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Mr. Peter Bottomley: Further to that point of order, Madam Deputy Speaker. The explanation is that I made a mistake.
Madam Deputy Speaker: The hon. Member for Hayes and Harlington (Mr. McDonnell) has had the answer to his point of order.
Mr. Pound: Further to that point of order, Madam Deputy Speaker. May I associate myself with the comment of the hon. Member for Worthing, West (Mr. Bottomley)? There were two of us telling. If mistakes were made, they were made by both of us.
Madam Deputy Speaker: Thank you.
Mr. McDonnell: Further to that point of order, Madam Deputy Speaker. Perhaps when we undertake an investigation into the events that occurred tonight, we should consider how we can overcome the levels of fallibility that have been identified and what mechanism we can put in place to address the problem.
Madam Deputy Speaker: Order. We have heard from both hon. Members who were Tellers, and they have explained to the hon. Member for Hayes and Harlington how the mistake occurred.
Mr. Mackinlay: Further to that point of order, Madam Deputy Speaker. We have heard from the hon. Member for Worthing, West (Mr. Bottomley) and from my hon. Friend the Member for Ealing, North (Mr. Pound), who confessed to having made a mistake. In fact, 100 hon. Members made a mistake. When we count the Division list tomorrow, as I intend to do, line by line, Florida-style, we will see all those on the payroll, all those on the Opposition Front Bench, all the people who line up with the undemocratic Corporation of the--
Madam Deputy Speaker: Order. The hon. Gentleman may hold that view, but I and the House have accepted the verdict of the tellers.
Mr. Corbyn: On a point of order, Madam Deputy Speaker. An interesting situation has developed. The House
Madam Deputy Speaker: I remind the hon. Gentleman that the debate on new clause 2 has been concluded and a vote taken. We must now proceed to the rest of the business of the House.
Mr. McDonnell: I beg to move amendment No. 7, in page 1, line 18, at end insert--
(2) A single transferable vote is a vote--
(a) capable of being given so as to indicate the voter's order of preference for the candidates for election as members for the constituency; and
(b) capable of being transferred to the next choice when the vote is not needed to give a prior choice to the necessary quota of votes or when a prior choice is eliminated from the list of candidates because of a deficiency in the number of votes given for him.'.
Mr. McDonnell: The amendments are complex. Bearing in mind the evidence of the fallibility of hon. Members this evening, perhaps we should investigate the amendments in detail, so that the House will understand and be able to follow the debate.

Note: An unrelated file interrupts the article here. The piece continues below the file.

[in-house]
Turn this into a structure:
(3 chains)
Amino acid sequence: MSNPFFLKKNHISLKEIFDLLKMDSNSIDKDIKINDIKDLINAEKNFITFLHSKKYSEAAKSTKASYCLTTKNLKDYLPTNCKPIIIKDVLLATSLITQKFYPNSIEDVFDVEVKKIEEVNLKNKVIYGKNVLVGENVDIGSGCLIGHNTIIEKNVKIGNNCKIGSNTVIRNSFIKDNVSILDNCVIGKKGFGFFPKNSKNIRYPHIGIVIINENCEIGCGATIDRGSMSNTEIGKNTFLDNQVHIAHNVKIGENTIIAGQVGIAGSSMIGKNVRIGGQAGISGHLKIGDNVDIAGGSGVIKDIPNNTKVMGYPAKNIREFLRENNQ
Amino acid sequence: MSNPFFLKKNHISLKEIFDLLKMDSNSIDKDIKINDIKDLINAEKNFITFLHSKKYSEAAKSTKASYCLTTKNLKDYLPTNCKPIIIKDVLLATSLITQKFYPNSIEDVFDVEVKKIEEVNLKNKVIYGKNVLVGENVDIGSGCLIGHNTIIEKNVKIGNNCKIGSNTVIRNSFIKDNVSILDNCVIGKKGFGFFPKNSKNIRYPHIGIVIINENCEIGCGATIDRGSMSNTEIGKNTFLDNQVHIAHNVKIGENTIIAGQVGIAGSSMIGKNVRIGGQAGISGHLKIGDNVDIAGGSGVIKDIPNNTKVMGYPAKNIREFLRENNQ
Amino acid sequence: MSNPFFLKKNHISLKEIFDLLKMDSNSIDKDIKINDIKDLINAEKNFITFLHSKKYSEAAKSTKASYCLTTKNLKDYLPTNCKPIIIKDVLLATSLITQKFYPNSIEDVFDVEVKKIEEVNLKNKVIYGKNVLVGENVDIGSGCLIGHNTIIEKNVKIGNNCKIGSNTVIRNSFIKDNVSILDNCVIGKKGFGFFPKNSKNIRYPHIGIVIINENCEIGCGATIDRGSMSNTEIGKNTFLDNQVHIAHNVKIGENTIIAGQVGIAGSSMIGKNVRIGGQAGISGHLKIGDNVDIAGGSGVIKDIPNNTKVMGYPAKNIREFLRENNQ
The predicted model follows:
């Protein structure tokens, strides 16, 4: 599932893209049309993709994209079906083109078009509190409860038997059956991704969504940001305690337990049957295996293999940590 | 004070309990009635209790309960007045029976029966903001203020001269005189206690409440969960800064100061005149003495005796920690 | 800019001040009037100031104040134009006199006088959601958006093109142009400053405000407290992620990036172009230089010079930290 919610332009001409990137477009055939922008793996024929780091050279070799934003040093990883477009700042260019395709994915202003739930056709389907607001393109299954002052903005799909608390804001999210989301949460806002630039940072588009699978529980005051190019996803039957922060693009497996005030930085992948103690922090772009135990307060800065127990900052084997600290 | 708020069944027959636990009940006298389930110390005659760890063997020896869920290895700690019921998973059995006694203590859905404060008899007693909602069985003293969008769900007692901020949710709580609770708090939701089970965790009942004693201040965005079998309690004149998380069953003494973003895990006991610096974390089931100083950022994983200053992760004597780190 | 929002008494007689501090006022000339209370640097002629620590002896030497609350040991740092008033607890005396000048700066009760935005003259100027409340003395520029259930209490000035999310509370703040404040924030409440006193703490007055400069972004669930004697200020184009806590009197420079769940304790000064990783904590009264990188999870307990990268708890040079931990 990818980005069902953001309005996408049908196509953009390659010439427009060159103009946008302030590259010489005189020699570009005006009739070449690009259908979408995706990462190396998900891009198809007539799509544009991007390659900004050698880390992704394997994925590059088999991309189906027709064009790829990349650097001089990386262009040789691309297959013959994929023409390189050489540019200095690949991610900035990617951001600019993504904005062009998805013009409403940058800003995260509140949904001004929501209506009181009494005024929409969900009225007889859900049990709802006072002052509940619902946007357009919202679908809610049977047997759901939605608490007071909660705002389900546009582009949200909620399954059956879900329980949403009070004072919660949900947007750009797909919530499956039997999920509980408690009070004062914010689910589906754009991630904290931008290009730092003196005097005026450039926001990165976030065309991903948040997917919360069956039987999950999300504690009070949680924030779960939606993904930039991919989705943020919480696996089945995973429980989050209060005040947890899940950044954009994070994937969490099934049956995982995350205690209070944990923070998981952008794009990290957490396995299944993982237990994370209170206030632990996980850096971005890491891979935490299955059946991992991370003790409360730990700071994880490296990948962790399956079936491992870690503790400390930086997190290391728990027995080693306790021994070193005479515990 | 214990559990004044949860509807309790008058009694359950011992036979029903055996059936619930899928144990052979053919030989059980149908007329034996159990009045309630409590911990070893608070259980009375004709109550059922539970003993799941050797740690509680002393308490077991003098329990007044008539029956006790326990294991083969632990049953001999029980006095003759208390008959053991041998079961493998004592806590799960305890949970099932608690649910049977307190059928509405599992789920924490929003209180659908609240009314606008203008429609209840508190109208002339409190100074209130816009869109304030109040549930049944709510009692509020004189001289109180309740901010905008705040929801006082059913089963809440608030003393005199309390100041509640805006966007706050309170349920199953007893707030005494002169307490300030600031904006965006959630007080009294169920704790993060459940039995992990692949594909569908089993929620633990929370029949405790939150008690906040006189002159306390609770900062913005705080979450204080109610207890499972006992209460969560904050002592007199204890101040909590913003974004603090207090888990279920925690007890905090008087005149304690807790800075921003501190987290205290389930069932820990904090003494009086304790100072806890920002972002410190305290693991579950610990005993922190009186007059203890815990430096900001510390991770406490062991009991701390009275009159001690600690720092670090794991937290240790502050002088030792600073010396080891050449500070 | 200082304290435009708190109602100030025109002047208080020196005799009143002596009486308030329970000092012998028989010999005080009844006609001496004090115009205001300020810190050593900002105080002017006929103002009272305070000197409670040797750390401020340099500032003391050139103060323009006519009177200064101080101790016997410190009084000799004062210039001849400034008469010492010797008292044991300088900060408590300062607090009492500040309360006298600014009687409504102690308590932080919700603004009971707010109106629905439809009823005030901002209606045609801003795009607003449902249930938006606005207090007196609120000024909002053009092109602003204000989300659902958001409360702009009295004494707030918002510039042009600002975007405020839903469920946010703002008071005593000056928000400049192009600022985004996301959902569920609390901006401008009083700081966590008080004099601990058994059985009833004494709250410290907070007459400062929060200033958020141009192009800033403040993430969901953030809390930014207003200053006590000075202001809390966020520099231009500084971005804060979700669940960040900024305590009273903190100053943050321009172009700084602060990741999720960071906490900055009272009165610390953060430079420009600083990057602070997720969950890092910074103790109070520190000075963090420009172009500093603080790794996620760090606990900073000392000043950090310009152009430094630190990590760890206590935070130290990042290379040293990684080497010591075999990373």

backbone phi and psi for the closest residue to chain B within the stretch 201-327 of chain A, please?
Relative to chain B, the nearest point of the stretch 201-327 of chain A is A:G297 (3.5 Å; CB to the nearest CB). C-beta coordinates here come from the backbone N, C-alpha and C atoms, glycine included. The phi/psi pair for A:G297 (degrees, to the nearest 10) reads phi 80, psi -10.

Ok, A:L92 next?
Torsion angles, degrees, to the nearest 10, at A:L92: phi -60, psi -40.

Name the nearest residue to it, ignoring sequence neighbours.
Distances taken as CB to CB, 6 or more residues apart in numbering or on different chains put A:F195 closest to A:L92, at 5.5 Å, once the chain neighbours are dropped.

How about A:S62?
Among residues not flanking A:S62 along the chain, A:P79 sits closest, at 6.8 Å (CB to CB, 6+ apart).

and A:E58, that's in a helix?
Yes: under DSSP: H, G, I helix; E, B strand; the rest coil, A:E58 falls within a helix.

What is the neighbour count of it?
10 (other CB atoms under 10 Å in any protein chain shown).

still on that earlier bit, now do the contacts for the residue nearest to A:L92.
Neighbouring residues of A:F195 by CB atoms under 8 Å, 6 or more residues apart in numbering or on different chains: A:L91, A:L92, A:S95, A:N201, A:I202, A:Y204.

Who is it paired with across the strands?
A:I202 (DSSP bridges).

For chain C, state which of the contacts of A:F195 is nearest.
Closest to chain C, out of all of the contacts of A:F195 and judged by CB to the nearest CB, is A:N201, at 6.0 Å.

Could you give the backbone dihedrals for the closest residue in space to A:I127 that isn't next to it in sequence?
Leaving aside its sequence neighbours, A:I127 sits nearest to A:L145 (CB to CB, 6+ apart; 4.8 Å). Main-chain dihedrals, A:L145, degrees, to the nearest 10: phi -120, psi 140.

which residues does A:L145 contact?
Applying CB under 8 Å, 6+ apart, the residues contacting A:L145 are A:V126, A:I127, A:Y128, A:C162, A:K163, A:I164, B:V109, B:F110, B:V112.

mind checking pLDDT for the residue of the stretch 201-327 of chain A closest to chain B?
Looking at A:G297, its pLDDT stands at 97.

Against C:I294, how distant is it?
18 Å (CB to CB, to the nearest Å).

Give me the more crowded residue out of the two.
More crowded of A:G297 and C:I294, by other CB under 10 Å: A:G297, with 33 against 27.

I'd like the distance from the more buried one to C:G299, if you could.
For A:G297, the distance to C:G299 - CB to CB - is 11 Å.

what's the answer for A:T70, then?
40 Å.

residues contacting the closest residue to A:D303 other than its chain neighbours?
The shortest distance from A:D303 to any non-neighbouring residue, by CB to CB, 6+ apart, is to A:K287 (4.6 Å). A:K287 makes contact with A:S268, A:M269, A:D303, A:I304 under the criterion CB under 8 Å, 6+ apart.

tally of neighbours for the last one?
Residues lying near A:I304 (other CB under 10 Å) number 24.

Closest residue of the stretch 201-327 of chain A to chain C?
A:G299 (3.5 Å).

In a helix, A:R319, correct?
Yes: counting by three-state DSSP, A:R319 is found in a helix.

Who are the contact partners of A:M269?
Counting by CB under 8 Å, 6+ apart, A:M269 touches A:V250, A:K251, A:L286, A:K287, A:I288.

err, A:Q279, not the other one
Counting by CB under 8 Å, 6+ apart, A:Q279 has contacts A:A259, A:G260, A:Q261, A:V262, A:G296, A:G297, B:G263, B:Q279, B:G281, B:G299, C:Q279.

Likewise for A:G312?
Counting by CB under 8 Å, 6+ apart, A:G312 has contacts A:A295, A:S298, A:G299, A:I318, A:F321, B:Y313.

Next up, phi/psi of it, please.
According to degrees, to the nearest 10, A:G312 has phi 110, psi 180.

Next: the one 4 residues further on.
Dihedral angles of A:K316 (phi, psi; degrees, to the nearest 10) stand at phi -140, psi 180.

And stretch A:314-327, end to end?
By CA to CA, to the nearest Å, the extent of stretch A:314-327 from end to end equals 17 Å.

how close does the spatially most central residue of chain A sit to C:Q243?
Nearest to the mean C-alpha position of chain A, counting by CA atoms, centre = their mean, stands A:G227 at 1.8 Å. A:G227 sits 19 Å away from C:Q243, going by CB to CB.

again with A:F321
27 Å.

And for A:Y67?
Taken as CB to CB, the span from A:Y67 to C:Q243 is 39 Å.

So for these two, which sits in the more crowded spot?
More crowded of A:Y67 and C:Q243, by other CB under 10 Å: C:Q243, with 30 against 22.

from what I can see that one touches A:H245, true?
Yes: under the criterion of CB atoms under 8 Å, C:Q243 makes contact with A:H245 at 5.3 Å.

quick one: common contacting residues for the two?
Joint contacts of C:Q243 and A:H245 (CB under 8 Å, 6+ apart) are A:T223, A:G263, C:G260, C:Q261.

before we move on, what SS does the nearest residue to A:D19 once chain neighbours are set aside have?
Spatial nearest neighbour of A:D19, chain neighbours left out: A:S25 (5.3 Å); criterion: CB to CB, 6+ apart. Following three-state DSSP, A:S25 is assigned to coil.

Amendment No. 7 is a proposal to introduce a business electoral college.
Mr. McDonnell: A business electoral college. I accept that the proposals offend some hon. Members. I shall come on to the justification for them in due course. At this stage, I simply want to put the detail on the record and explain it to hon. Members. If they have difficulty calculating to 100, they will have more difficulty understanding the complexities of my proposals.
Mr. Corbyn: Does my hon. Friend propose to describe the amendments one by one in order, or will he go through them all generally and then go back through them in detail? Several Members want to hear about them in detail, especially the first one. Will my hon. Friend deal with the others first, or come back to amendment No. 7?
Mr. McDonnell: As semantic issues are at stake, I should like to go through the amendments in order initially, return to the explanation of their import, and go on to the justification for them. If my hon. Friend is happy with that approach, I shall proceed, but if he can suggest an alternative one, I shall proceed with that.
Mr. Dismore: That approach is a little confusing. When my hon. Friend introduced the amendments, he said that he would talk about a business electoral college. I thought that the group of amendments would create an electoral college from a series of different functions. Would it not be better for my hon. Friend first to describe in principle what an electoral college is about before talking about the mechanics of which bits go where?
Mr. McDonnell: Okay, we shall start with that approach, if my hon. Friend is happy with that, and then return to the detail of how the legislation is affected.
Mr. Corbyn: Perhaps it would be better if my hon. Friend explained all the amendments, as there is clearly a jigsaw that has to be put together.
Mr. McDonnell: I am tempted to put the matter of the approach to the vote. However, given that we probably would not add up the votes correctly, I suggest that we proceed with the approach that I originally proposed.
Amendment No. 7 introduces a proposal for a business electoral college, comprising voters appointed with responsibility for electing voters who will represent the business community in the City of London Corporation.
Mr. Skinner: I know that my hon. Friend has been meeting the promoters and that he is strong-willed on the issue, but is he telling me that the business college will be based on the model of so many trade unions? Will there be a bloc vote? Is that where we are going? That is the only sort of college vote that I am acquainted with. The business of fitting in with demands sounds a bit dodgy to me. I hope that my hon. Friend will not disappoint me, or will at least make me feel a bit better about the matter. He has not been meeting the promoters too often, has he?